Consider this a sequel to yesterday’s post. Or at least a good bit of serendipity. Because you can’t really ask for a better example of the kinds of things that were wrong with yesterday’s WSJ article than Bobby Azarian’s Why do Some People Respond to Trump?: it’s Biology 101.
The thesis here is an oldie but goodie – if Trump support seems irrational, then that’s because it is!. In fact, it’s not just irrational, it’s fear-driven, a kind of automatic animal response by people who aren’t evolved enough to help themselves.
As humans, we are first and foremost programmed to survive. Millions of years of evolution through natural selection have sculpted instincts and intellect aimed at staying alive. Fast, sudden movements instantly capture our attention, and unexpected noises cause us to jump back reflexively. It only takes common sense to see that survival requires a certain degree of sensitivity to threat. A desire to feel safe is part of our hardwiring, and as such, we tend to want people and rules in our lives that are going to help protect us from harm. For some people, Donald Trump and his policies are seen as that protection.
And which people? Well, conservatives only, of course.
Neuroscience and psychology research supports one clear explanation: Conservatives are hypersensitive to threat compared to liberals, and thus respond more fearfully.
Never mind that Trump’s supporters are not run-of-the-mill Republicans (Trump himself touts this as his biggest gift to the Republican Party, the number one reason why the RNC should wholeheartedly embrace him), we’ve got Science to do here!
It goes on to cite exactly two studies that purport to show that people who identify as conservative have heightened fear responses to stimuli, which is not exaxtly a comprehensive survey. But let’s be good sports and accept the premise for the sake of argument. After all, it makes a kind of intuitive sense. If William F. Buckley’s famous description of conseratives as "standing athwart History yelling ‘Stop!’" is anywhere close to the mark, then conservatives are the more cautious tribe, the one that wants to move more slowly, more deliberately. It’s easy to immagine that that kind of attitude could correlate well with people who have heightened fear responses. My objection isn’t to the evidence or method of collecting it, therefore, it’s to the way it’s framed.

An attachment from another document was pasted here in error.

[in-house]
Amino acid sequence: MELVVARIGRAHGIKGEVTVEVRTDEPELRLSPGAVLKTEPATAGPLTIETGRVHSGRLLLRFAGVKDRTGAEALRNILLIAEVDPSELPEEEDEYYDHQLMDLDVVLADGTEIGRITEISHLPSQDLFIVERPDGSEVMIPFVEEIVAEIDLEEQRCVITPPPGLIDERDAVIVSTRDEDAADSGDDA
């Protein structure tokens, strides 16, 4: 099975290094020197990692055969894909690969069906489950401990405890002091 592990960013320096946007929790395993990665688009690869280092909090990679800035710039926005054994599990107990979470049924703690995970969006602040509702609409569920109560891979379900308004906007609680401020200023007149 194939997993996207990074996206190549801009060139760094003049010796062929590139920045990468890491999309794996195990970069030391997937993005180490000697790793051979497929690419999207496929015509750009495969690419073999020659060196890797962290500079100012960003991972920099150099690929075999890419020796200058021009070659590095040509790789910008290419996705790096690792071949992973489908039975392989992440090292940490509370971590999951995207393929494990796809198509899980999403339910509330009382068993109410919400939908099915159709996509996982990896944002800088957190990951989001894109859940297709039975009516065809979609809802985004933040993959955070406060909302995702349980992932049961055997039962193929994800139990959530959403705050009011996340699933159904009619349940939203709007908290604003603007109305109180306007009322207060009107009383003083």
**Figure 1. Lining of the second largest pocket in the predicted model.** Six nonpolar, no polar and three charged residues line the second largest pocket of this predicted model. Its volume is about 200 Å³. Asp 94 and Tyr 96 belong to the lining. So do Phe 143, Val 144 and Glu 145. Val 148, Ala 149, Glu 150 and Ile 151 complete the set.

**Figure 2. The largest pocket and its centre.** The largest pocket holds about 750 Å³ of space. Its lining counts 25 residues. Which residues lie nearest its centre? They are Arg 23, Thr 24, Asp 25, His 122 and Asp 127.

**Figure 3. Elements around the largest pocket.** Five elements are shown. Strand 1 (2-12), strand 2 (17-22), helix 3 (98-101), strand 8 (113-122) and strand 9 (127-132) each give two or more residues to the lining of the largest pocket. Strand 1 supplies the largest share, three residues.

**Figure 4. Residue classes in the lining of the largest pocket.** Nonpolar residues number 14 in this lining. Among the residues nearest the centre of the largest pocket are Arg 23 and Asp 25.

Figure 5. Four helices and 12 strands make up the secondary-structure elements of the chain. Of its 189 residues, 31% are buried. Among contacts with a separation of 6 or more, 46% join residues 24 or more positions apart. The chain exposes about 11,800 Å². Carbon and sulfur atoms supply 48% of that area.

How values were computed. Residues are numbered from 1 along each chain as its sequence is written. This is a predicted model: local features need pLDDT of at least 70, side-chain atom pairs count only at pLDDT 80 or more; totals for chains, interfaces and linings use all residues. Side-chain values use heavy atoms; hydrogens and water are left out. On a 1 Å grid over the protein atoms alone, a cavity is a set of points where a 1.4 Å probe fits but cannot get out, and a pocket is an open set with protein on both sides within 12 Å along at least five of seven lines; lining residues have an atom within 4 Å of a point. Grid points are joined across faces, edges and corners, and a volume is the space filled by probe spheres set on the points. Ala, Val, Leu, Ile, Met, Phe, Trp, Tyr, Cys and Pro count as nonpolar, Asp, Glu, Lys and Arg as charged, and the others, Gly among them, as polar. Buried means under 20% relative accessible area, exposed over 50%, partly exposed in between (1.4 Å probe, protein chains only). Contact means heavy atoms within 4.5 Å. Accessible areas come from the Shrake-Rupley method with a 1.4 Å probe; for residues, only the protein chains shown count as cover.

First of all, why "fear" and not "caution?" Presumably because "fear" is seen as weak and negative, where "caution" has more positive connotations. Unfortunately for the author’s desired spin here, "caution" is actually the more appropriate term.
Trump is popular amongst the right because he can tap into irrational fears and amplify them. Then, when threat seems imminent, he offers the most drastic solutions. And when danger is on the doorstep, there’s not much time for rational thinking.
Leaving aside the fact that Azarian has done exaxtly diddly squat to establish that Trump’s appeal is based on fear, notice that the political policies Trump has proposed are much longer-term than anything that requires a split-second decision. Trump’s running on, among other things, building a wall across the southern border to keep unwanted Mexicans out, scaling down America’s military commitments abroad, putting the brakes on free trade expansion (at least along its current trajectory), and taking a more aggressive posture in the War on Terror. We can debate the various merits of these policies, but one thing they’re all not is time-sensitive. They are, each and every one of them, the kind of thing that takes a lot of time and political capital to implement, and Azarian seems not to have noticed that Trump’s personal sales pitch on all of them factors that in. Remember, this is the guy who sells himself on his ability to hammer out deals, not to ram things through Congress. It’s his negotiating skills that he considers his best attribute (however much his subjective evaluation of his ability may miss the mark in reality). Trump doesn’t often say that any particular past policy is wrong (the one glaring exception is the War in Iraq); what he prefers to say is that it was poorly implemented, that we didn’t get the best deal we could’ve gotten. So, in an important sense, Azarian has misread Trump support.